- Craft the tinder into a few piles and place them a few inches apart from each other.
- Gather some small, dry twigs and position them over the tinder in a teepee shape. This lets oxygen reach the tinder and encourages the twigs to set alight.
- Light the piles of tinder - waterproof matches or a fire striker are reliable igniters.
- Wait for the twigs to be burning strongly before adding small sticks of kindling to the fire.
- Slowly but surely add bigger sticks to the fire until it is big enough to burn logs.
What's the best way to cook on a campfire?
Image source: Myles Tan
There are lots of different methods and techniques for cooking over a campfire. However there is no single 'best' method of cooking over a campfire as the specific circumstances of your camping trip, such as what food you're going to prepare and the surrounding terrain dictate which method you use.
So in a world of horses for courses what, if not the 'best' is the easiest? If weight and space are not a concern then the use of a grill grate (see the above photo) is probably the best. It is quick to set up, you can cook a variety of food on it and it easily balances pots or a kettle.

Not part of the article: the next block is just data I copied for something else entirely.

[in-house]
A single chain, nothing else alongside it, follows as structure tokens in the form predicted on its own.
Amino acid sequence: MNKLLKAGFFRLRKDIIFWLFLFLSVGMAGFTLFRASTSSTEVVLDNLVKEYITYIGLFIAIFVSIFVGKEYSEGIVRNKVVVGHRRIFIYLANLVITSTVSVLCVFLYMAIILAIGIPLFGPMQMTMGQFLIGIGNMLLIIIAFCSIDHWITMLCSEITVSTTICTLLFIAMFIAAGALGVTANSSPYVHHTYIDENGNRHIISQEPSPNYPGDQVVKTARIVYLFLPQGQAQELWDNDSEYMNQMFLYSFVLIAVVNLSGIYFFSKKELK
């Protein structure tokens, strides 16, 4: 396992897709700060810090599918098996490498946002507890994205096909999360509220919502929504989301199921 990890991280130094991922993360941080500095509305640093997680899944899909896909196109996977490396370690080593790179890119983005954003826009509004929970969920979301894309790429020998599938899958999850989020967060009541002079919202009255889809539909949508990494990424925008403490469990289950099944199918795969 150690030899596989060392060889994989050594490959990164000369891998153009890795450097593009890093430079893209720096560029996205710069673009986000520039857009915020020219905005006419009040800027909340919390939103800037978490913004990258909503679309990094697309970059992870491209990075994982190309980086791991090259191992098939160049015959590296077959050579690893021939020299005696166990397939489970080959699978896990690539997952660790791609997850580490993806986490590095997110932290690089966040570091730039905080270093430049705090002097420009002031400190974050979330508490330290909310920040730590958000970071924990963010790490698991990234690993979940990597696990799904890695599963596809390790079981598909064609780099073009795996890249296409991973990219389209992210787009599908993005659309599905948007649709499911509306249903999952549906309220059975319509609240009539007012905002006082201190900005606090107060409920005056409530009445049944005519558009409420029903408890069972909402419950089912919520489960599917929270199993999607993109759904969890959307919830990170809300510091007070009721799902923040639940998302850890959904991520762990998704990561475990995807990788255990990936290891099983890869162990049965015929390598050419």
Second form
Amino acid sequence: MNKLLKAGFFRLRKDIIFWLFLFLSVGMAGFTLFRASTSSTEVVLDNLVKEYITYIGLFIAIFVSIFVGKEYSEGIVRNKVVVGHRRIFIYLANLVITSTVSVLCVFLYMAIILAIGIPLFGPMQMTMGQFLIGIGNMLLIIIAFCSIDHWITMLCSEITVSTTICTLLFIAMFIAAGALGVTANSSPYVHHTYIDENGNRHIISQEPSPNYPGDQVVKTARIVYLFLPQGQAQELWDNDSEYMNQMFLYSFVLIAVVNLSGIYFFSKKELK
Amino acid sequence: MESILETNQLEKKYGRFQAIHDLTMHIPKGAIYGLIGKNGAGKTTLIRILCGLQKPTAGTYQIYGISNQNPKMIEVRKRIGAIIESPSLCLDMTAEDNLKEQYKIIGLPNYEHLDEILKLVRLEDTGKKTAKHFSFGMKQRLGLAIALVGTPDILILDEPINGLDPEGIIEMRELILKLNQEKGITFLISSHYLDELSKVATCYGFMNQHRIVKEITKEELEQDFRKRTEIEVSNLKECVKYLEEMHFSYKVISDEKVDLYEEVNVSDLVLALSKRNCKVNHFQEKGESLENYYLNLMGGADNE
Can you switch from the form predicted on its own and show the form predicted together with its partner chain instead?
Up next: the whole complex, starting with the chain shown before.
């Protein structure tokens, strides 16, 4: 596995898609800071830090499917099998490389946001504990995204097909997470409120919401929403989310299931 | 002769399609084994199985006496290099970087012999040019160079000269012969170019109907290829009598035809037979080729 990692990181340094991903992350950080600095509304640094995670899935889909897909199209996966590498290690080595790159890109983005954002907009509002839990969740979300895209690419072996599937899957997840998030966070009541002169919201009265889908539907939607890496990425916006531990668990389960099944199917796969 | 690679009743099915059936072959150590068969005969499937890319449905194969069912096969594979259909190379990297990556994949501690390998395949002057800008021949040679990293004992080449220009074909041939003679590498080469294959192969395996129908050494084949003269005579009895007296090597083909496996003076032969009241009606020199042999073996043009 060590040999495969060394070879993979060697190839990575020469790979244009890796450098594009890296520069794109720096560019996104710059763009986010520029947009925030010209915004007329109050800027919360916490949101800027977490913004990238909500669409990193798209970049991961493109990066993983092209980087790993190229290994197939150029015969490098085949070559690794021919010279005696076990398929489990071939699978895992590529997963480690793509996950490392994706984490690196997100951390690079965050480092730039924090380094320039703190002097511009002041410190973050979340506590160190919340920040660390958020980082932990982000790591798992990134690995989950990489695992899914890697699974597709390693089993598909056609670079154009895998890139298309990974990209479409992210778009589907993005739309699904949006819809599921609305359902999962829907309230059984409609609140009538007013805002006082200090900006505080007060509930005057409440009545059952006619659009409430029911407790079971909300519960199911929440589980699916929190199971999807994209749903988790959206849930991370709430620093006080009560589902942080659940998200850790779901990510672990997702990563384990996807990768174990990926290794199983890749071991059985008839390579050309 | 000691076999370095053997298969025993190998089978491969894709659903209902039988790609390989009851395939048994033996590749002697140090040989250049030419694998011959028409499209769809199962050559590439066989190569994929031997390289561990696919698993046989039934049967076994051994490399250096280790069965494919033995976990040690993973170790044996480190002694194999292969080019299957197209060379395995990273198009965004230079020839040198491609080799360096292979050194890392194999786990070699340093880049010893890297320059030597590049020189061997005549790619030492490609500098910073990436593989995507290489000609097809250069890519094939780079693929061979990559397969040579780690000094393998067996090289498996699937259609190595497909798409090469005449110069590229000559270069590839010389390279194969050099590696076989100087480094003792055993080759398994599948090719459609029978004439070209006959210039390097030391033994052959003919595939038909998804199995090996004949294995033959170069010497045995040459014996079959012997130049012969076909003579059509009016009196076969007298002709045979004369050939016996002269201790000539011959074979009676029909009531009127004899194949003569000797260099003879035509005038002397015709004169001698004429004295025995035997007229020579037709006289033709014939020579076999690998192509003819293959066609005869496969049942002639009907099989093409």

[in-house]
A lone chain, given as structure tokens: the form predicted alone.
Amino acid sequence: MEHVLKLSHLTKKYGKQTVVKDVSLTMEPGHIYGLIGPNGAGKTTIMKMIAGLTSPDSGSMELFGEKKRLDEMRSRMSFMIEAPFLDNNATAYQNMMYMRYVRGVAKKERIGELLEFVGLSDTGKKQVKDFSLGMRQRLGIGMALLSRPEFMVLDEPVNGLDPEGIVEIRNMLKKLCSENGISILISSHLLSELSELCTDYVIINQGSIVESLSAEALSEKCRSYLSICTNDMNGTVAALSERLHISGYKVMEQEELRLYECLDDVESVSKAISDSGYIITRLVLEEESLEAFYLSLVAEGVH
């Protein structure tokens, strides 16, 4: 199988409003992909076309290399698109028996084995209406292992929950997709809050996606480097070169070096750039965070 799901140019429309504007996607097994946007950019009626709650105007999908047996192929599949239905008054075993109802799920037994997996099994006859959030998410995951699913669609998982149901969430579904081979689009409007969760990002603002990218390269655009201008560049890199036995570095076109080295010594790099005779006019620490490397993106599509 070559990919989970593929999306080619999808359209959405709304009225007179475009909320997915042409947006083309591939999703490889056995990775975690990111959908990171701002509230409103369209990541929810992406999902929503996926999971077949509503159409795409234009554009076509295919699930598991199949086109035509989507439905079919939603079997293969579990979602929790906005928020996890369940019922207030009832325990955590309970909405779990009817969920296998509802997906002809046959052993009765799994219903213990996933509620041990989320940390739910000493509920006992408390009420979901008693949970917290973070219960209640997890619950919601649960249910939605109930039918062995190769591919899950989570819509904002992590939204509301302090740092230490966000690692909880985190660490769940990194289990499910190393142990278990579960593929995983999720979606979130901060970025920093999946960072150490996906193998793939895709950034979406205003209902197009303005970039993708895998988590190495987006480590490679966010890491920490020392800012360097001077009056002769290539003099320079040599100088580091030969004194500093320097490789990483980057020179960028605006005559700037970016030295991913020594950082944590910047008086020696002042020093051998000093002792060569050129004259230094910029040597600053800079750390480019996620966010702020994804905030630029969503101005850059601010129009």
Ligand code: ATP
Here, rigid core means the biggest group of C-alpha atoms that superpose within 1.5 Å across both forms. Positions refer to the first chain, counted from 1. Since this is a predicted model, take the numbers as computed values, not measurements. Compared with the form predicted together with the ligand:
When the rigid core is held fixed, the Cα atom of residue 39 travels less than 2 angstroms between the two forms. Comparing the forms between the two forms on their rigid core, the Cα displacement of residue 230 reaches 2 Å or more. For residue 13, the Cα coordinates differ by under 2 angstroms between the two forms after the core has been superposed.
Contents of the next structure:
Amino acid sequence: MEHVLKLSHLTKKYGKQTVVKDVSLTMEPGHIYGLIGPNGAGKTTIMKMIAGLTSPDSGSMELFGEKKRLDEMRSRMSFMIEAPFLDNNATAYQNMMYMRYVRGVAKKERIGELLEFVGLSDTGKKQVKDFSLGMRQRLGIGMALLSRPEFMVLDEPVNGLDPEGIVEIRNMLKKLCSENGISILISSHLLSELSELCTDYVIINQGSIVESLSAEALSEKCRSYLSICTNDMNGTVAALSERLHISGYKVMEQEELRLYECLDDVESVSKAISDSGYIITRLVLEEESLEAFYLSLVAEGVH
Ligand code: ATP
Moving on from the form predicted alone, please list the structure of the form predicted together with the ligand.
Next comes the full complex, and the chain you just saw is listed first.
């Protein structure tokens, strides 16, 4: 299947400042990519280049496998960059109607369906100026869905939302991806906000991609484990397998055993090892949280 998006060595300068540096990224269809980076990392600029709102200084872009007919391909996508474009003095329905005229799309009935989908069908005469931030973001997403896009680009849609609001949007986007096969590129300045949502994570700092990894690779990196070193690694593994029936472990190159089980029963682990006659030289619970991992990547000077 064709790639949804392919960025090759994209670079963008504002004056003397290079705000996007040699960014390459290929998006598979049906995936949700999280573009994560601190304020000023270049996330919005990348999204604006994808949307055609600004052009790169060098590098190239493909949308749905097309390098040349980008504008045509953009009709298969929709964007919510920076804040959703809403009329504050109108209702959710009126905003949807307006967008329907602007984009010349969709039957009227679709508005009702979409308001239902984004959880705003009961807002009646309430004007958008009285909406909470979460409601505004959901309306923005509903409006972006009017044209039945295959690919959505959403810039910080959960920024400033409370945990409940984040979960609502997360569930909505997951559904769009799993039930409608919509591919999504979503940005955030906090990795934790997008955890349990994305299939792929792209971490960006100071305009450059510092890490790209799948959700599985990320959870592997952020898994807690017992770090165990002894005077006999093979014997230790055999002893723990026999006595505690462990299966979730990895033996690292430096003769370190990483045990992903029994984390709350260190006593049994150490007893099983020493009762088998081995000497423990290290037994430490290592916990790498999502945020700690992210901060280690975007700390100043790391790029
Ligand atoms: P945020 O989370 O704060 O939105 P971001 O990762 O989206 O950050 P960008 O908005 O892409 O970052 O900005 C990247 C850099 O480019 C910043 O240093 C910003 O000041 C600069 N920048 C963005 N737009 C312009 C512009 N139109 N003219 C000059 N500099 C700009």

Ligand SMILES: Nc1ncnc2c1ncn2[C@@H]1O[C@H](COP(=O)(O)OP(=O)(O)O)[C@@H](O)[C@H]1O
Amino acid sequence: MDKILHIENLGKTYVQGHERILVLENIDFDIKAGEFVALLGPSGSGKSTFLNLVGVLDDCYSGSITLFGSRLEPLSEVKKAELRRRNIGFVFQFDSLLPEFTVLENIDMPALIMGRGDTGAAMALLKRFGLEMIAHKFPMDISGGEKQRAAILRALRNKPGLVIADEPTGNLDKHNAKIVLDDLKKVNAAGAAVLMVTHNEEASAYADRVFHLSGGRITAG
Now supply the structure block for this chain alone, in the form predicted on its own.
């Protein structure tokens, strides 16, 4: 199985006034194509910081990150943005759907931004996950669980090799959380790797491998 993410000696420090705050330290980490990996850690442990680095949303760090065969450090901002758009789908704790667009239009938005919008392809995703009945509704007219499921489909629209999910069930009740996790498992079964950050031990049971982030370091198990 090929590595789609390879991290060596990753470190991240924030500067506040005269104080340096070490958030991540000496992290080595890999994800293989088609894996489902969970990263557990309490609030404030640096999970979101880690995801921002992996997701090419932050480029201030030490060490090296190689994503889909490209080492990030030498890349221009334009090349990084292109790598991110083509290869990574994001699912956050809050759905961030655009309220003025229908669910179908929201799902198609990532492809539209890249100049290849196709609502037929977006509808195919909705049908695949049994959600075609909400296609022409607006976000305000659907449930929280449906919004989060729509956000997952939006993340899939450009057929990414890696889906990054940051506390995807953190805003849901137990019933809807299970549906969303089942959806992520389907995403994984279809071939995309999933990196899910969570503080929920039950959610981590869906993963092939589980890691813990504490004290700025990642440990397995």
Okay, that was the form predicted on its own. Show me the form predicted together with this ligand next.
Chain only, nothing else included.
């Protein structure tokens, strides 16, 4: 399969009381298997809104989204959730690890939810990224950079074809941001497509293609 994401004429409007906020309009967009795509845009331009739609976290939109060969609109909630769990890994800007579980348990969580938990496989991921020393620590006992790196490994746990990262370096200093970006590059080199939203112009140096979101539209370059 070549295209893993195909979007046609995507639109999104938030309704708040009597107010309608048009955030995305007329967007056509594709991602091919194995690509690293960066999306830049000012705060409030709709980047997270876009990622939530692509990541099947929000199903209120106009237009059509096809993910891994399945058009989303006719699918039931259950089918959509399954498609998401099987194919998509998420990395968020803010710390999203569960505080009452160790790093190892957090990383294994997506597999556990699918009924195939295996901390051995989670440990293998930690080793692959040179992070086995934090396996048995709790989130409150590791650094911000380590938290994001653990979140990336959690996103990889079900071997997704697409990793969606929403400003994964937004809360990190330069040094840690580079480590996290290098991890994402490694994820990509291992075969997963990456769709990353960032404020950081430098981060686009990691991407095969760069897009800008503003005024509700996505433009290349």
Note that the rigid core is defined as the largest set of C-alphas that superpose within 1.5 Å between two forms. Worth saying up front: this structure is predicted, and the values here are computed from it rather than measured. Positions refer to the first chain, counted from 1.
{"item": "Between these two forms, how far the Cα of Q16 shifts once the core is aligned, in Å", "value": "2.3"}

How do I extinguish a campfire?
Image source: Tim Middleton
The United States of America suffers from large wild fires every summer and invest a large amount of money and time educating the public about campfire safety.
To safely put out a fire they recommend you:
- Douse the fire with water.
- Add soil to the water and stir the embers/ash until it is no longer glowing.
- Ensure the all the embers are wet (use further water if needed), then wait five minutes for the embers to cool.
- Carefully touch the embers making sure they are cool.
- Finally check around the fire or campfire stones for any hidden embers.
"Remember: if it’s too hot to touch, it’s too hot to leave."
- United States Forestry service
How can I leave no trace of my campfire?
Image source: Kimson Doan
Since 1994 the Leave No Trace campaign has been encouraging responsible land use and nature protection in the US. Their campaign is built around seven core principles which help guide campers to leave no evidence of their camping trip. Number five on the principles list is 'minimise campfire impacts'.